Stop Criticizing

Do the people around you feel like you’re constantly criticizing them? How often do you hear someone say, “stop picking on me,” or “you always tell me I’m doing something wrong?”

You might not even realize you’re making perverse statements to the people you love.

It doesn’t matter if your comments are made with good intentions or because you love the person so much you want to help them. Unsolicited advice can sometimes get you into trouble. Especially, if the person perceives you as someone who constantly dishes them a big serving of negativity.

Perception is reality. If someone thinks you’re constantly picking on them, even if you don’t think you are, that’s their impression.

Recently, an interaction with my daughter caused me to really stop and think about this. My daughter was in the kitchen, getting her breakfast and making a mess.

With everything.

She went to get a bowl out of the kitchen cabinet and the cabinet was left open. She poured the cereal and crumbs went all over the counter and onto the floor. There were remnants of milk all over the table from pouring the milk into the cereal. I just sat and watched the kitchen get destroyed. I tired to keep my mouth shut. I tried not to say anything.

Criticizing doesn't help anyone.

Criticizing doesn’t help anyone.

But, it was painful and hard.

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That’s when it happened.

She reached her hands into the bowl of fruit instead of using the serving spoon that was sitting there. It was the final straw. I didn’t mean to raise my voice. I didn’t mean to say something negative or criticize her.

“Use the spoon,” I said and then added, “and you’re making a mess. You need to be a little neater when you do things. Look around this kitchen. It looks like a tornado went through it.”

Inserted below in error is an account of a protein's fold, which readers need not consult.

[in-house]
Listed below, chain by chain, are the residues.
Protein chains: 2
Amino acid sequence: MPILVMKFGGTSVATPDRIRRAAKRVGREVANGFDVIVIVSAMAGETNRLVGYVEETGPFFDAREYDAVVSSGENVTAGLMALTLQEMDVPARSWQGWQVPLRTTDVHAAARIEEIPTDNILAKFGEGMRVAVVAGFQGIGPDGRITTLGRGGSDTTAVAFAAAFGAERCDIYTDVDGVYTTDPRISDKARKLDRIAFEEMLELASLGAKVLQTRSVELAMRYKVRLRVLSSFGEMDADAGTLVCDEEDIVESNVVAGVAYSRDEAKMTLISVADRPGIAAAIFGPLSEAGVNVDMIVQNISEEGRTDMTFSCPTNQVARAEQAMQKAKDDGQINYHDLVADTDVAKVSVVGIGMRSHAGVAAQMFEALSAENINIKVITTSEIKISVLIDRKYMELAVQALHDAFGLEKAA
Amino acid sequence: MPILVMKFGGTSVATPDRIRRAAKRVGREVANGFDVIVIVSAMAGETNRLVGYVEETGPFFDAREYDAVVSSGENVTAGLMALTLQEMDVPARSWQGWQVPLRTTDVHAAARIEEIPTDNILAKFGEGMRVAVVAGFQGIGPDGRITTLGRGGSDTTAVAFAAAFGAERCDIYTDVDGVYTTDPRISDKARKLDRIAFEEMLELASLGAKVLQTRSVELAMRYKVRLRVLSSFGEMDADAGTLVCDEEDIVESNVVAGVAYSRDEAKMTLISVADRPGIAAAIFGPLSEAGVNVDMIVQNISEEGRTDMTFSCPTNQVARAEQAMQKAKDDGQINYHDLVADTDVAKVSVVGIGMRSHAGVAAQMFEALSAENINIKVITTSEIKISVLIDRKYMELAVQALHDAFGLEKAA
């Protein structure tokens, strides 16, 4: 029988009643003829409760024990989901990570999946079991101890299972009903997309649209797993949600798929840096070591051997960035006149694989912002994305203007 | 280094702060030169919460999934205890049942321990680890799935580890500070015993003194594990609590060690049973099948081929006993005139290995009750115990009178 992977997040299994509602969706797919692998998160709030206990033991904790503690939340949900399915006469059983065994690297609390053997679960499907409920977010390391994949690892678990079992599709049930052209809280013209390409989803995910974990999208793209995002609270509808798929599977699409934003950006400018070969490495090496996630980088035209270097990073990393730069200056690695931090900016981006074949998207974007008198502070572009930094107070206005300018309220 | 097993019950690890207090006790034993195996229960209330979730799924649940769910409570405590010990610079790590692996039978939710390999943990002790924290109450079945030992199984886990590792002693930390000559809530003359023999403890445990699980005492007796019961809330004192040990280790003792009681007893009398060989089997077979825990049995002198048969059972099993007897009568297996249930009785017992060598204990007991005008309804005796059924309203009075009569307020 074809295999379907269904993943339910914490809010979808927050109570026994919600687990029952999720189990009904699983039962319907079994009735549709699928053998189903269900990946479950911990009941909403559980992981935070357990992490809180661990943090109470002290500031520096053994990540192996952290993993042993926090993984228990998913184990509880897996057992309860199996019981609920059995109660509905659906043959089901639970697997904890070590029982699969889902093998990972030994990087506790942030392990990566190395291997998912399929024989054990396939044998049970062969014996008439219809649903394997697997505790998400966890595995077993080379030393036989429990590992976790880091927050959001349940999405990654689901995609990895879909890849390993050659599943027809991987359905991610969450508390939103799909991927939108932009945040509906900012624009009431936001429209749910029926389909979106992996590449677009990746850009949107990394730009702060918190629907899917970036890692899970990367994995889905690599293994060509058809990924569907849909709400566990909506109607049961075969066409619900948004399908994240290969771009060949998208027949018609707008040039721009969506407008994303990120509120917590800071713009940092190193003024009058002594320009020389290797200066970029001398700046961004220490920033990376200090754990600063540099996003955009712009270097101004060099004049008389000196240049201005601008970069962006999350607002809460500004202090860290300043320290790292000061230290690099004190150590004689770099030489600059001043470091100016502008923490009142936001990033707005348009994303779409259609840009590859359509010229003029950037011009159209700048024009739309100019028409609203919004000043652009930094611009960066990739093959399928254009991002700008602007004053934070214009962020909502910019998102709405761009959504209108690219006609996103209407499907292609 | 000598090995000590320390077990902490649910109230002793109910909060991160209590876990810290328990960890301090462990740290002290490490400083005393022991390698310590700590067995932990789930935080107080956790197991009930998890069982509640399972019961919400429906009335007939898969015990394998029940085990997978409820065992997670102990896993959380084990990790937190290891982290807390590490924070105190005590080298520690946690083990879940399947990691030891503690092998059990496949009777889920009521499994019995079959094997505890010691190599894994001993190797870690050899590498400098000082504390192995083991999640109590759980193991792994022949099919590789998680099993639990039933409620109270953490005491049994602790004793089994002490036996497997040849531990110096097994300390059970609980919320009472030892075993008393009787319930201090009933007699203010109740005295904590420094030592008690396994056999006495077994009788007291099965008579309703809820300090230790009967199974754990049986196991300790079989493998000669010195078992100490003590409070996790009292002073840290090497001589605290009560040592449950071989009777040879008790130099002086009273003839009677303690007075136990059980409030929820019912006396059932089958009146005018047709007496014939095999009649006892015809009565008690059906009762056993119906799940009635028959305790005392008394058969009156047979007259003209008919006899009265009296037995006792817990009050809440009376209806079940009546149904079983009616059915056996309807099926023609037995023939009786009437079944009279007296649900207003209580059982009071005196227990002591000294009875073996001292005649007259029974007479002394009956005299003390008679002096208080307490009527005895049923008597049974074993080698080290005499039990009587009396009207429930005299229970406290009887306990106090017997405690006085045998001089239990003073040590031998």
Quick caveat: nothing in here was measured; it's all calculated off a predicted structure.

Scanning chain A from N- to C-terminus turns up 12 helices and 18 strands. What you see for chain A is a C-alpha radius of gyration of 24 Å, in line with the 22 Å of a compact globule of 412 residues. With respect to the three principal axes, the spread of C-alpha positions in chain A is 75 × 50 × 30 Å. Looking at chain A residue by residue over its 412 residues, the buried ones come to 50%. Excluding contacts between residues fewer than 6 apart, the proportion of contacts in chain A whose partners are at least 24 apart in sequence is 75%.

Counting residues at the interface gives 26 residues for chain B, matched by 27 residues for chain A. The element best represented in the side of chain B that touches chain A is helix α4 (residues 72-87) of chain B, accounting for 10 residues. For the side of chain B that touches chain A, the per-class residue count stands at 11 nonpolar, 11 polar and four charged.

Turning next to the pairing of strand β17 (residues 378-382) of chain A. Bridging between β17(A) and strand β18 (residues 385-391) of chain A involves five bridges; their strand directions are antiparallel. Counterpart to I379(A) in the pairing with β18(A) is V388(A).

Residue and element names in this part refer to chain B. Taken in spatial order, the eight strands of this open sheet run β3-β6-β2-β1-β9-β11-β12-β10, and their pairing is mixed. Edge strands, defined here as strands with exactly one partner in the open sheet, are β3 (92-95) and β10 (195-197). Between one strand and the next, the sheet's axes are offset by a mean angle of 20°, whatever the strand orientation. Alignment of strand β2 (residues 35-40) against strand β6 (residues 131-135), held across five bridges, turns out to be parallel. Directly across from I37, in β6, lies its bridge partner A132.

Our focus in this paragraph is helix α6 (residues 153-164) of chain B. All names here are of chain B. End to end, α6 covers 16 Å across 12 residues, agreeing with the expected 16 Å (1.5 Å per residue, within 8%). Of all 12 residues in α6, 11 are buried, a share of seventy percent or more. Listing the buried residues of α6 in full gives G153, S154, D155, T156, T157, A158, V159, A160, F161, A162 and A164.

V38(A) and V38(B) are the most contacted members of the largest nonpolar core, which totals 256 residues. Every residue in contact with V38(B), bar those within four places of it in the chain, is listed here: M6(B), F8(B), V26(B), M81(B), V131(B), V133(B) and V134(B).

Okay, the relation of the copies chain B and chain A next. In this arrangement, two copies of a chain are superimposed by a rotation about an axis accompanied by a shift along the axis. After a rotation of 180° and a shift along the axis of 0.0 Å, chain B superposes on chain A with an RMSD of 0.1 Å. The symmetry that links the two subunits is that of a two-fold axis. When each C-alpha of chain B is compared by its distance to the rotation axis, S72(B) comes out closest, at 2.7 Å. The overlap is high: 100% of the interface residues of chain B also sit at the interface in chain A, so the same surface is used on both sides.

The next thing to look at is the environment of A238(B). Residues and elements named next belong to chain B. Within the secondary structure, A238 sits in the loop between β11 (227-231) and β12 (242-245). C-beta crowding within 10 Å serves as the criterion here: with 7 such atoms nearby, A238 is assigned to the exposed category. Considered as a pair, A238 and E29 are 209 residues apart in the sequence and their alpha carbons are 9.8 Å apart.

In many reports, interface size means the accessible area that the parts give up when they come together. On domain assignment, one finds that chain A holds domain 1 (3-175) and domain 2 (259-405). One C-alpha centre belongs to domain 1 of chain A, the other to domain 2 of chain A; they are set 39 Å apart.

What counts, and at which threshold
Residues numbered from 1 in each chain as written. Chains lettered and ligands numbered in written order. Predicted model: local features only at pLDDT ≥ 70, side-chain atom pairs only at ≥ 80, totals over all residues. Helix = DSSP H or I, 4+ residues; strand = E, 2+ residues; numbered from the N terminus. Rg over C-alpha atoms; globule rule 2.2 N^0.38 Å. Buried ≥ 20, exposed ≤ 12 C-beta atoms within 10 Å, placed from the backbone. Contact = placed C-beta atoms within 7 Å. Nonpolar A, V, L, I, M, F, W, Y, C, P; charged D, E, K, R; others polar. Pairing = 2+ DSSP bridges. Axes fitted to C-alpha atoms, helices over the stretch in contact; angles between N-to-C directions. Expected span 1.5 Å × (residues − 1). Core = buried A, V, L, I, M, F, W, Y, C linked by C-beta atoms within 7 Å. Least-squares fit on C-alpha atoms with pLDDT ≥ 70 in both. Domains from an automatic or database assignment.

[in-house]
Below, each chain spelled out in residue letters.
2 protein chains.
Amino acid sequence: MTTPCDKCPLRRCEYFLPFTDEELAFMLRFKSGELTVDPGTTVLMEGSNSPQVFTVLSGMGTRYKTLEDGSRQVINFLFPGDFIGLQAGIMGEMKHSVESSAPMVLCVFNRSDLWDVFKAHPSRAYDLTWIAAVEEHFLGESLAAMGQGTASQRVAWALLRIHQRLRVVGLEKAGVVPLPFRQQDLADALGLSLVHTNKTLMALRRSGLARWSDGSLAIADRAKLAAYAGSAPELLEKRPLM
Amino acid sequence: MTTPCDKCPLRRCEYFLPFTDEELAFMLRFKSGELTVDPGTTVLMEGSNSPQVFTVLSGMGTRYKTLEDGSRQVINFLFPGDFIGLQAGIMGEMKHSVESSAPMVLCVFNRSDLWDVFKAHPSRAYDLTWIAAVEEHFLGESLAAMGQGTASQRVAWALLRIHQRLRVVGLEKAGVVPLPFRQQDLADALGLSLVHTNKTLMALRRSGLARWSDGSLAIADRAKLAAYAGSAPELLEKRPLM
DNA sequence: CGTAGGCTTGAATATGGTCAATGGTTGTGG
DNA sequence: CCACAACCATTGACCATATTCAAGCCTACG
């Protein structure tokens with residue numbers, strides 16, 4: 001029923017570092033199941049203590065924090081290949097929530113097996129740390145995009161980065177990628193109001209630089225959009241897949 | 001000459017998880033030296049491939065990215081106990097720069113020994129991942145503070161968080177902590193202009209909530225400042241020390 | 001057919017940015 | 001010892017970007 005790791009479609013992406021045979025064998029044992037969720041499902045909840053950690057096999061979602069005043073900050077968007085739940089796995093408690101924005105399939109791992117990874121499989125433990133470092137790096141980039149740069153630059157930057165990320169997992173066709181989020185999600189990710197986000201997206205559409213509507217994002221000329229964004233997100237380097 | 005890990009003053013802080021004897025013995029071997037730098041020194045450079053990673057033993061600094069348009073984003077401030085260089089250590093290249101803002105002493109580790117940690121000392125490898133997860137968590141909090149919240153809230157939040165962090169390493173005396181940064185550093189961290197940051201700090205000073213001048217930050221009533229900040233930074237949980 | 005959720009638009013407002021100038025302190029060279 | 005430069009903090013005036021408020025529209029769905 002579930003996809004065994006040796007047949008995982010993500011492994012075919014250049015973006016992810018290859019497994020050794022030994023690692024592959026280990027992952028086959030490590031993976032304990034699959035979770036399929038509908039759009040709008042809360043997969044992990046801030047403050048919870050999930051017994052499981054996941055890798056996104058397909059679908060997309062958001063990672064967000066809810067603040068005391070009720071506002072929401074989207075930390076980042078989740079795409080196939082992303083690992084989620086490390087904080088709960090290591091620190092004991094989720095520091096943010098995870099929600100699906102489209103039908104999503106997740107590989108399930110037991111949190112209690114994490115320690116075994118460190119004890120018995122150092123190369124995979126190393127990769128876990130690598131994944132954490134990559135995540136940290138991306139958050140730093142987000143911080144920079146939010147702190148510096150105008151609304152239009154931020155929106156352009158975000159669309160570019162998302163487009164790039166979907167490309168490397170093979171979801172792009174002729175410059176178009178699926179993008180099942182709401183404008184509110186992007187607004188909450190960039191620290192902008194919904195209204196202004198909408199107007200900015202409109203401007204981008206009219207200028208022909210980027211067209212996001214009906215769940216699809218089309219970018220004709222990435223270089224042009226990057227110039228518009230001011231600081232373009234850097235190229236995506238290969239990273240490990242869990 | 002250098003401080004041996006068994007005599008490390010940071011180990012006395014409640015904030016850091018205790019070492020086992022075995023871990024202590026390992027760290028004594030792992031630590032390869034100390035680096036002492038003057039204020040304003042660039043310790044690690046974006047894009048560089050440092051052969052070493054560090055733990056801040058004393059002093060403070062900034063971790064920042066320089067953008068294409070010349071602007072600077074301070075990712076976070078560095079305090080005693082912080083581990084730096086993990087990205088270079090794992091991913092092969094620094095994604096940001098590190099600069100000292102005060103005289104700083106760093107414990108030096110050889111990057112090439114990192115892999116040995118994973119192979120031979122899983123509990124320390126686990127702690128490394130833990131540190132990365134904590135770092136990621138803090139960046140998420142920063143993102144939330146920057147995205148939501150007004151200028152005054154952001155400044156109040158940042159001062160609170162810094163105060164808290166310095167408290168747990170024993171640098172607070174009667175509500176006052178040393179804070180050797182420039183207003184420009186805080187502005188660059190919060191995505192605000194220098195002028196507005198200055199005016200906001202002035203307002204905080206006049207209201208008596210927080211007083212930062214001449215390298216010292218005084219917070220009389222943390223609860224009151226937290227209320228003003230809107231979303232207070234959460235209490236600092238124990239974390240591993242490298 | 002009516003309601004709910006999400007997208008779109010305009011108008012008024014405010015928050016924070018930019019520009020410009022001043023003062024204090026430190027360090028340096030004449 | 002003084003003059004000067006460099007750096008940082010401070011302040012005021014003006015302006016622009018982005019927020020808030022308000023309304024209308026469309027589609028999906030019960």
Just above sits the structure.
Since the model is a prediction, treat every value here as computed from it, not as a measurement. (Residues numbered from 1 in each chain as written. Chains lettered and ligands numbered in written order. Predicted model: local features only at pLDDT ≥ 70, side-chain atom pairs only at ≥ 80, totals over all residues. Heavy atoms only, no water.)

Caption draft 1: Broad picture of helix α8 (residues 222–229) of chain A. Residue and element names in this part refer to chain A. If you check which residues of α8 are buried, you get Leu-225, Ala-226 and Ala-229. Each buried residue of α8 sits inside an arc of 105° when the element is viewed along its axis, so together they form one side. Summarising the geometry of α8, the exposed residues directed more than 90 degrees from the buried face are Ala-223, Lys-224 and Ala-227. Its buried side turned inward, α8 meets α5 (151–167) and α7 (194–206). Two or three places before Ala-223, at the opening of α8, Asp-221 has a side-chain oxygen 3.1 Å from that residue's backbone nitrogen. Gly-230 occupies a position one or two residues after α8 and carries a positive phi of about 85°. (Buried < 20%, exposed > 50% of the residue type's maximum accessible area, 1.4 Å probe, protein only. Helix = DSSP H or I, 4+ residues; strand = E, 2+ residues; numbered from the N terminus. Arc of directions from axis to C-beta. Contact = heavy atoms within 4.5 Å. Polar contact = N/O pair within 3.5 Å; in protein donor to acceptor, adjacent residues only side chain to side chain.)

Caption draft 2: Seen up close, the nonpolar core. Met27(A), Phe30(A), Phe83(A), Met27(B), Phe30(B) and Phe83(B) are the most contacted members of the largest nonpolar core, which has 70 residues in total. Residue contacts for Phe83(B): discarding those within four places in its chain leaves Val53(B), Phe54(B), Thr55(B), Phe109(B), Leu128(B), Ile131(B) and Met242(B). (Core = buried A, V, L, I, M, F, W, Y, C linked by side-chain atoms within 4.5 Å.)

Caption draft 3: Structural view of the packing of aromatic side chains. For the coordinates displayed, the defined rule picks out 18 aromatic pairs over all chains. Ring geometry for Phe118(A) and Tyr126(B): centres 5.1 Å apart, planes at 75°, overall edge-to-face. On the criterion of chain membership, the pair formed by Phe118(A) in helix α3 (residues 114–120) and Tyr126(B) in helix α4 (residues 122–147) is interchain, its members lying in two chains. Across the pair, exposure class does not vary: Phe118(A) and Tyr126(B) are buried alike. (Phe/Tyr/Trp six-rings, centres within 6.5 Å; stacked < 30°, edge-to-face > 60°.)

“You’re criticizing me,” she said.

“I’m not,” I said, “I’m just trying to help you. It’s not you, it’s what you’re doing.”

I could tell her feelings had been hurt. Maybe it was the tone I used or the fact that it was early in the morning and we were all a little tired and sensitive. It wasn’t my intention to make her feel like I was picking on her. I just wanted her to realize she was making a mess.

“I’m just trying to help you,” I told her. “You aren’t a toddler. You’re a teenage girl and you need to be neater when you do things.”

“It feels like you’re picking on me,” she said, “with your little comments.”

We talked about it, had a good conversation and we both felt better. I wanted her to understand that she needs to clean up after herself and that it isn’t nice to expect me to do it for her. Especially since I had just cleaned the kitchen the night before. She felt better because she understood it wasn’t my intention to hurt her feelings.

Since this interaction, I’ve really tried to watch the unsolicited advice I give to my loved ones. If there’s something I feel they need to hear, I choose my words carefully, say them nicely and with a positive spin.

Like most things, it’s all how you say it.

Remember this the next time you need to say something that could be perceived as being negative. You don’t want to hurt someone’s feelings or make them feel like you’re criticizing them. Plus, the message is received much better when the person senses it’s coming from a place of love.

Find meaning each day,


If you enjoyed this post, check out my recent Huffington Post article about Hosting An Exchange Student.



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